Henry Lawes
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Henry Lawes

Manuscript of "I Rise and Grieve", in Lawes's hand

Henry Lawes (1595/6 - 21 October 1662) elder brother of William Lawes was the leading English songwriter of the mid-17th century. [1]

Life

Henry Lawes, the elder son of Thomas Lawes (d 1640) was baptized at Dinton near Wilton, Wiltshire, on 5 January 1595/6. Around 1602 Thomas, a church musician, moved to Salisbury as lay vicar and the family took up residence in the Close. Henry's three brothers, born in Salisbury, were also able musicians: William, Thomas (1608 - 1666) and John (d 1655). It is presumed that Henry, and subsequently William, sang in the Cathedral choir but there is no direct evidence. Nor is there information about his upbringing or musical training before he appeared in London, probably about 1615.[2]

At an early stage in London he was employed by John Egerton, earl of Bridgewater to teach music to his daughters.[3] He was sworn 'pistoler' of the Chapel Royal in January 1626 and Gentleman in November. In 1631 he was appointed 'for the lutes and voice' as one of Charles I's musicians. During this period he composed songs for Milton's Arcades and arranged for John Milton to write Comus, performance of which at Ludlow Castle marked the appointment of Bridgewater as President of the Council of Wales. Compositions for masques and other entertainments followed in the 1630s, sometimes with brother William and others such as Simon Ives.[4] Unlike his songs (see below) little of his music for the masques survives. The portrait now in the Faculty of Music, Oxford University, is dated around this time c1642.

The Civil War altered this way of life and affected Henry especially when William was killed in 1645, joining what was believed to be a victorious rout in the fighting at the siege of Chester. In 1648 Henry published Choice Psalms containing 3-part psalms by himself and William as a memorial to William. It includes verse memorials by Townshend, Harington, Milton and Sambrooke, with musical elegies by Henry Lawes, John Wilson, John Taylor, John Cobb, Edmond Foster, John Jenkins and John Hilton.

Though William had continued in the King's service, Henry had developed his activities as teacher and performer. He taught the daughter of Sir Edward Dering, Lady Mary, to whom he later dedicated his 1655 collection of airs. He appears to have opened his house or music - the duchess of Newcastle attended "several times". Playford listed Henry in 1651 as among the London teachers "for the Voyce or Viol". n the later Commonwealth musical entertainments revived and Henry contributed in 1656 to entertainments written by William Davenant.

At the Restoration Lawes was reinstated in both of his old positions in the King's Musick (16 June, in place of Thomas Ford) and the Chapel Royal. On 23 April 1661 Henry Lawes's anthem Zadok the priest was sung at the coronation of Charles II. However he had been noted by William Child and Pepys among others that he lies very sick: he died on 21 October 1662 and was buried in the cloisters of Westminster Abbey on the 25th.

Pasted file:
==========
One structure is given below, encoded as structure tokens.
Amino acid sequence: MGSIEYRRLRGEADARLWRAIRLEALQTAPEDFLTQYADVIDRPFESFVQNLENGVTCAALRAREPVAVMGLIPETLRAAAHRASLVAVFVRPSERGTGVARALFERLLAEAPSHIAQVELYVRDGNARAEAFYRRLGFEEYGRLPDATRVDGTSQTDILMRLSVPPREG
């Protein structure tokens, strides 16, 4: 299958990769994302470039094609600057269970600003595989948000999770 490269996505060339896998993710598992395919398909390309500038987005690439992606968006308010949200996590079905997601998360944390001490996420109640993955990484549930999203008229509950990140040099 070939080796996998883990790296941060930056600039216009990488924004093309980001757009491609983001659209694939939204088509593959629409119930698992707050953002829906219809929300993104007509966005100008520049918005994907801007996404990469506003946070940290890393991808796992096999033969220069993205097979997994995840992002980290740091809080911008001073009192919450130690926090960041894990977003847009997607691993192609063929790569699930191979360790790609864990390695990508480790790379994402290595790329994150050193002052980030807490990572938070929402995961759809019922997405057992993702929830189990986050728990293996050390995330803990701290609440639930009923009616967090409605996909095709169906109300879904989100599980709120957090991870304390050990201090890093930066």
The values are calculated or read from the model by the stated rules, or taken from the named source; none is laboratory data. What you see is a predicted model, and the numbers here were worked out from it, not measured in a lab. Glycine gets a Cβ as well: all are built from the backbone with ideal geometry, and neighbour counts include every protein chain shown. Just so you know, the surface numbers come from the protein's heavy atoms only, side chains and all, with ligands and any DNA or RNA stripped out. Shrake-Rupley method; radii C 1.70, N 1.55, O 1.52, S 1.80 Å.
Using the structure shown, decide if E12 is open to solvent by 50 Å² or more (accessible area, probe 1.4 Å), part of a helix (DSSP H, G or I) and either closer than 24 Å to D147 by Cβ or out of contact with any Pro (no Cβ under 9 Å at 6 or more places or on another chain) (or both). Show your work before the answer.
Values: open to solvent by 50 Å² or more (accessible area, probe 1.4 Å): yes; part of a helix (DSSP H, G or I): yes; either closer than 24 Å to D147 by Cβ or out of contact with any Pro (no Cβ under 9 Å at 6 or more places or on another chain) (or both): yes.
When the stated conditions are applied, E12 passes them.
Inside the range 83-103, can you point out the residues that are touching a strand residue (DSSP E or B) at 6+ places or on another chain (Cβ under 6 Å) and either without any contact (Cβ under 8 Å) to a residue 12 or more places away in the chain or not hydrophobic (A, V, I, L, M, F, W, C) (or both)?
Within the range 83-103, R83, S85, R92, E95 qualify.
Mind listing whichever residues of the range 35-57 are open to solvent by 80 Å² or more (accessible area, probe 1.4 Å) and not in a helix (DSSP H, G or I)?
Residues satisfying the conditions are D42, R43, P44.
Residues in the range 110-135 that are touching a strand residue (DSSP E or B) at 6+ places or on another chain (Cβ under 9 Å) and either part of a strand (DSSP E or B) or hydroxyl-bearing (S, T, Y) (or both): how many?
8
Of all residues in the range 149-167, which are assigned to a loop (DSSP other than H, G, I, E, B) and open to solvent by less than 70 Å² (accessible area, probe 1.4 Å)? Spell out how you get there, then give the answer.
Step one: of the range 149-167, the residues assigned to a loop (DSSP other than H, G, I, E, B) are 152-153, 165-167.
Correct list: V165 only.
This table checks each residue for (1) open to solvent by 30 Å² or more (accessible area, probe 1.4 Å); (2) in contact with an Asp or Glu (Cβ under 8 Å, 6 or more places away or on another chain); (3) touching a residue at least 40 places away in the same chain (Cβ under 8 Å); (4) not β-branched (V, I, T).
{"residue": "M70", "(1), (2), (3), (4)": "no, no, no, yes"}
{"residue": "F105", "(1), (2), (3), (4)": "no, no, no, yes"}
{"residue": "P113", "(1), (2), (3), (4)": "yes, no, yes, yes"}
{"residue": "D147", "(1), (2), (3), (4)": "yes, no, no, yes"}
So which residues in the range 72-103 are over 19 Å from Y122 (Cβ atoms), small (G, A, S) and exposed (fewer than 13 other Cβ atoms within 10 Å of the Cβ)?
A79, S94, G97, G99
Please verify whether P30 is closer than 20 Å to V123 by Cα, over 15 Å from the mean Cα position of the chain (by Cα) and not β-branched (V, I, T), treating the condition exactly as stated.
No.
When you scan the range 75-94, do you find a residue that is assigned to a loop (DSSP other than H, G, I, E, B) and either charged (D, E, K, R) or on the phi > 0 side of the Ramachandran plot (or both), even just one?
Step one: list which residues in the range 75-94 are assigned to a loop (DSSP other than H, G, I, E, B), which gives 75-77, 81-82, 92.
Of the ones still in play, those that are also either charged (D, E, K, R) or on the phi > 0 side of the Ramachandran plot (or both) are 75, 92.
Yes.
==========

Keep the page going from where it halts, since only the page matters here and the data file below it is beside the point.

Works

Henry Lawes wrote little instrumental music though some may have been lost: and though some of his 1638 psalm tunes are found in modern hymnbooks, his devotional music does not now appeal. It is his output of more than 430 songs on which his reputation rests, linking the period of Dowland to that of Purcell.[5] The major quantity of songs remain in MS, most especially an autograph collection[6], thought to be in chronological order between 1620 and 1650, containing 325 songs. Another substantial MS source is in New York.[7] The favoured poets were Carew, Waller, Herrick, Suckling and Lovelace.

Printed sources have some degree of overlap with the MSS but account for a further 239 songs: 1638: psalms to paraphrase by George Sandys; 1648:Choice Psalms (see above); 1653: First Booke of Ayres and Dialogues; 1655: Second Booke of Ayres and Dialogues; 1658: Third Booke of Ayres and Dialogues;

In addition there are many songs and catches in publications by John Playford from 1652 (Catch that Catch Can) through to 1678.

Notes

  1. ^ Spink, Ian (2000). Henry Lawes. OUP.
  2. ^ Ashbee & Lasocki 1998
  3. ^ Ian Spink, Henry Lawes, in The New Grove, ed Sadie, Macmillan, 1980
  4. ^ Murray Lefkowitz, William Lawes, London 1960
  5. ^ Spink, Ian: Lawes, Henry in The Oxford Dictionary of National Biograpy.
  6. ^ GB-Lbl Add.53723
  7. ^ *Drexel 4257

References

  • Willetts, Pamela J. (1969), The Henry Lawes Manuscript, London: Trustees of the British Museum, ISBN 0714104558

External links


  This article uses material from the Wikipedia page available here. It is released under the Creative Commons Attribution-Share-Alike License 3.0.

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